Utah Jazz: C.J. Miles Makes Case for Bigger Role on Team

Zac WatneCorrespondent IIJanuary 30, 2012

DALLAS, TX - FEBRUARY 23:  Forward C.J. Miles #34 of the Utah Jazz takes a shot against Brian Cardinal #35 of the Dallas Mavericks at American Airlines Center on February 23, 2011 in Dallas, Texas.  NOTE TO USER: User expressly acknowledges and agrees that, by downloading and or using this photograph, User is consenting to the terms and conditions of the Getty Images License Agreement.  (Photo by Ronald Martinez/Getty Images)
Ronald Martinez/Getty Images

C.J. Miles started off the season with the Utah Jazz looking lost. He only scored in double-digits three times in the first 10 games, while scoring four points or less in four of those contests. His shooting percentage looked a bit like the unemployment rate. Painful from every vantage point.

His poor performances made fans, and likely the coaching staff, wonder is this was going to be another fruitless year for the 24-year-old small forward.

For a team that is looking to find scoring from anyone, particularly from players on the wing, C.J.’s inability to contribute during the first stretch of the season must have made Tyrone Corbin and his coaching staff question the future of Miles’ role with the team.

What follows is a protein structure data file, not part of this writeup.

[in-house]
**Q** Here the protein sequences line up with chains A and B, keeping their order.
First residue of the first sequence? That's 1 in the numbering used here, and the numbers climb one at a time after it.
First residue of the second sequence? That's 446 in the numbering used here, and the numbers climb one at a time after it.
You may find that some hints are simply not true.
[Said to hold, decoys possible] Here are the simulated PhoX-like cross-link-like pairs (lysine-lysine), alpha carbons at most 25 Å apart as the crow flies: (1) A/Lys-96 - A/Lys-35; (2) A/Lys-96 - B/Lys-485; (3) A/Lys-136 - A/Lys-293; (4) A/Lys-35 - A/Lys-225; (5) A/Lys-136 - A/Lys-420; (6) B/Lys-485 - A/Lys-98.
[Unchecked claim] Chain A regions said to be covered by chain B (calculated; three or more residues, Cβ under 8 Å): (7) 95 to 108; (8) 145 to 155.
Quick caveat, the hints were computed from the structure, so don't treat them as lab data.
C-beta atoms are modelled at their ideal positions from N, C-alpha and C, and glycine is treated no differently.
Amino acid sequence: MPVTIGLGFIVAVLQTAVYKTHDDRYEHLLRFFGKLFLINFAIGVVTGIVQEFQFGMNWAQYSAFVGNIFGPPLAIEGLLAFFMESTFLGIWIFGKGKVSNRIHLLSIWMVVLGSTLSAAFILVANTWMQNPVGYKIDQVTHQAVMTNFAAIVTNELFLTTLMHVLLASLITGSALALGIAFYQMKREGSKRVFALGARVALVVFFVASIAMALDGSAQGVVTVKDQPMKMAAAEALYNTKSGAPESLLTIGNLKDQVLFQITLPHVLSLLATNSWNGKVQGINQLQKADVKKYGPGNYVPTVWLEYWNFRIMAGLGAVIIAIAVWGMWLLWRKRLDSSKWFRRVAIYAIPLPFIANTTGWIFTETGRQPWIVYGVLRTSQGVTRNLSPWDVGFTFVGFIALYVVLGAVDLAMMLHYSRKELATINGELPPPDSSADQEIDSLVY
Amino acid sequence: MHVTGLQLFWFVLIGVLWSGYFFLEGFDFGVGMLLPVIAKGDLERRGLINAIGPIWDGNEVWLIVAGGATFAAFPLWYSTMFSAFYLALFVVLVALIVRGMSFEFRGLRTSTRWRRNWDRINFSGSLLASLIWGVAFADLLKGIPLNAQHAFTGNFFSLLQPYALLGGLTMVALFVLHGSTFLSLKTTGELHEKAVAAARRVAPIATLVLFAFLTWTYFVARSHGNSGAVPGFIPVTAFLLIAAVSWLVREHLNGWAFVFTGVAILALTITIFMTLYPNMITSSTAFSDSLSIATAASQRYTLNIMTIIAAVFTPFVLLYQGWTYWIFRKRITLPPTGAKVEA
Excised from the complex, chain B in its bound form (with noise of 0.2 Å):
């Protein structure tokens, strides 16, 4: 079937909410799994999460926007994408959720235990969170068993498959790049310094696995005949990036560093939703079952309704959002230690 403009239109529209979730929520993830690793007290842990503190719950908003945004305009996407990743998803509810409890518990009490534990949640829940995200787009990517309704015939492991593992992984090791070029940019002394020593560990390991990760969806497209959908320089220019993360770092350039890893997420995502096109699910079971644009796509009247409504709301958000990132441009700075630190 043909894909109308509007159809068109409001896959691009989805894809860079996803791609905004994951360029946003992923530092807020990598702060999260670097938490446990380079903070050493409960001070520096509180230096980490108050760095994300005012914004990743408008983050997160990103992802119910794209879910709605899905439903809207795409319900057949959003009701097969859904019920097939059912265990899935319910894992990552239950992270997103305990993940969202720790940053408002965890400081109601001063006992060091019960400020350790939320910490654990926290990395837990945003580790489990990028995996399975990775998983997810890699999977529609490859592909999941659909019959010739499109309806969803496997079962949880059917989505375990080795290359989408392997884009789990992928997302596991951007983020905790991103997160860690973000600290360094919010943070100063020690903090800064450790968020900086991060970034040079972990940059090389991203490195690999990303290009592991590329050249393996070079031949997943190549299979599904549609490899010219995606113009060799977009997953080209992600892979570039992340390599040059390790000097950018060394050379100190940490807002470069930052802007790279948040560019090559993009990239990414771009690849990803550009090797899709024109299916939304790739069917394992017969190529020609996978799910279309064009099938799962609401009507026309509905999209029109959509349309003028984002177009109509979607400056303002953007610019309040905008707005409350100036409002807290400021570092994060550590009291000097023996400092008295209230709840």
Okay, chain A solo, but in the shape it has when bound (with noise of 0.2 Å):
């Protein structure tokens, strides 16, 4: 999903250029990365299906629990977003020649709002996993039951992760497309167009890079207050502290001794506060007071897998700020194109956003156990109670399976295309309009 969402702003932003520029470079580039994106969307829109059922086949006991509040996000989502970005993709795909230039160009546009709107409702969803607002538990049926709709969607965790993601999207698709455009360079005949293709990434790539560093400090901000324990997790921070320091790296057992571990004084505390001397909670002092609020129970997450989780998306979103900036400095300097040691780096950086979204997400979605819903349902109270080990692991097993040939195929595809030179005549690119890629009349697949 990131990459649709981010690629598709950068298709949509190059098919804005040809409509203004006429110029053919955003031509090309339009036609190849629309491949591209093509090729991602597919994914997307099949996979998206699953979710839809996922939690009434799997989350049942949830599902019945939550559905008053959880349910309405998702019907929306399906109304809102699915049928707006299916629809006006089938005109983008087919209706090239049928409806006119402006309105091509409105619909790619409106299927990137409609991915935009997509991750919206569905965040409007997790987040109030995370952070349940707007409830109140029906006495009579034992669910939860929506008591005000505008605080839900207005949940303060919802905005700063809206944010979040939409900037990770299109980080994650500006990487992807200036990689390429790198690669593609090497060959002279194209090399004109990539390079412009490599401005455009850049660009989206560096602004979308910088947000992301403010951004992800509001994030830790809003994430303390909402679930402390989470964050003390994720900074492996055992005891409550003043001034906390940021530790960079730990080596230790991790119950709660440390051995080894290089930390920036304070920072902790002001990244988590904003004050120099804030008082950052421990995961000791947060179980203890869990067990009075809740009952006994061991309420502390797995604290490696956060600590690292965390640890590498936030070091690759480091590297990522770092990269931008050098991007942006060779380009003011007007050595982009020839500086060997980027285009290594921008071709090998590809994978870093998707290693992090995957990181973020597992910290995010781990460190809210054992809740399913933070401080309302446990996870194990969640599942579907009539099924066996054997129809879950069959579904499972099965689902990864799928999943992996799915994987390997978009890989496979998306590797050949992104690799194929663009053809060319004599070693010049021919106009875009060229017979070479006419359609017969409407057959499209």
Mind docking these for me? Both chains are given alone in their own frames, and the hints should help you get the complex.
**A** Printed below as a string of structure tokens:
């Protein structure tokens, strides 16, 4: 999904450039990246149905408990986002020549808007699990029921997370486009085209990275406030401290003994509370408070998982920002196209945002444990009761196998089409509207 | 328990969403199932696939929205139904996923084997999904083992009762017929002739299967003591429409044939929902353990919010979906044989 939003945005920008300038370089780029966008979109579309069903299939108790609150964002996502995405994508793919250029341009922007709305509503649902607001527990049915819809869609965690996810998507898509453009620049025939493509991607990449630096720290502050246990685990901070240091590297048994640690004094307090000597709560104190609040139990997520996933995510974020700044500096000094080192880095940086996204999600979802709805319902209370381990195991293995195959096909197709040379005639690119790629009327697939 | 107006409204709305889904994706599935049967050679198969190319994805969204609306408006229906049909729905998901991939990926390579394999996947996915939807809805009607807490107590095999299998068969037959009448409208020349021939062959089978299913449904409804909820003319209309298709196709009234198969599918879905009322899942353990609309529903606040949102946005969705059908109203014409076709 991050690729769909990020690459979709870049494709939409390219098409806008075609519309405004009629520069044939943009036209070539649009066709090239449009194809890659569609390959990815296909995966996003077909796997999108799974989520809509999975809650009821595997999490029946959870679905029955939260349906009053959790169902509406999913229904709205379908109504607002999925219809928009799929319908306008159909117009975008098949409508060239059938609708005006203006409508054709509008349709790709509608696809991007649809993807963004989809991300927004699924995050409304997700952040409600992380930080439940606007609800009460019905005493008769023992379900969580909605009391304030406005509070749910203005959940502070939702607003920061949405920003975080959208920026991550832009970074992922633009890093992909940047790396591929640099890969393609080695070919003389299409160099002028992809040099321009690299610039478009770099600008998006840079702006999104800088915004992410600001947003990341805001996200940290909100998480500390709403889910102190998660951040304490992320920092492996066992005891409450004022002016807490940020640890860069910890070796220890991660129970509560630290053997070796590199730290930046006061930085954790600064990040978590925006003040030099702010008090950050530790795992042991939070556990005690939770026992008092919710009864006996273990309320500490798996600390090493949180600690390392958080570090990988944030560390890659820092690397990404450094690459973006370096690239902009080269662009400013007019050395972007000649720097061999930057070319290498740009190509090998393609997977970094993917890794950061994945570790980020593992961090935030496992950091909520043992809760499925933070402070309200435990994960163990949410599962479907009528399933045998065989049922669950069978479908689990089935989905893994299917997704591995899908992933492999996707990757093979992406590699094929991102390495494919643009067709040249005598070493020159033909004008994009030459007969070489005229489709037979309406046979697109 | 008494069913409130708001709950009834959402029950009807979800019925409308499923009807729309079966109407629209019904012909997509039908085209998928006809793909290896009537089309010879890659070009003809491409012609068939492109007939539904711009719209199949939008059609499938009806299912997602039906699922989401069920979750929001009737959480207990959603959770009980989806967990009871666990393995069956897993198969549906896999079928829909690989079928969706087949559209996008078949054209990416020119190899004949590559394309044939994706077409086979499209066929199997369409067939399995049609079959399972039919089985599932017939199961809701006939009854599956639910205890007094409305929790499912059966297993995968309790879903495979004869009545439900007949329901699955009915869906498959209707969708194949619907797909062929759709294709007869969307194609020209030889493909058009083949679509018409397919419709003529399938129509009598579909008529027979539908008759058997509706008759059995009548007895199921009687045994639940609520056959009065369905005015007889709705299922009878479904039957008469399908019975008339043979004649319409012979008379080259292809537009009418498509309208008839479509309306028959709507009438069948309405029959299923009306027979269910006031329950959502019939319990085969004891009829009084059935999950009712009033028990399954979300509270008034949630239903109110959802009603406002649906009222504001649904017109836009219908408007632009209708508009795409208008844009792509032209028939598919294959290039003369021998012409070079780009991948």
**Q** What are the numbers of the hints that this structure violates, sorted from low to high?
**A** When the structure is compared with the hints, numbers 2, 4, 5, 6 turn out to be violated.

Questions answered.

Miles has exploded during the last six games, scoring 18 or more points in three games while averaging 14.4 points per game. That is a drastic turnaround from his December average of 8.5 points per game.

More important, C.J.'s shots are starting to drop. While his shooting percentage of 47 percent over the last six games is not exactly worth bragging about, it too is a noticeable turnaround from his shooting in December when he was only hitting 31.3 percent of his attempted field goals.

Much of his increased scoring and rise in shooting percentage comes from attacking the basket more, getting to the foul line and just feeling more comfortable on the court.

Miles mentioned in a post-game interview after the Jazz’s recent 96-93 victory over the Sacramento Kings that he is at his best when pushing the basketball, per the Deseret News:

"I got some good looks, I got some drives and I got to the free-throw line. ... When I'm driving, that's when I'm most effective. I was just trying to make some plays. The last couple of weeks, my biggest thing is trying to put that ball on the floor and make some plays."

If Miles continues to play this well there may be pressure to put him in the starting lineup.

Raja Bell, who starts at shooting guard, is a different creature on the court than Miles. While Miles tends to shoot first and ask questions later (he is only averaging 0.9 assists per game), Bell is out there for veteran leadership and rarely contributes much to the stat sheets.

Raja is averaging only 5.9 points, 1.2 assists and 1.4 rebounds per game; the only category where he is outperforming Miles is in assists (1.2 to 0.9). Wait, why is he in the starting lineup again?

Miles seems to be breaking out of his slump, and if he continues to get after the rim and put the ball on the floor rather than settle for jumpers he should see an increase in points and minutes as the season wears on.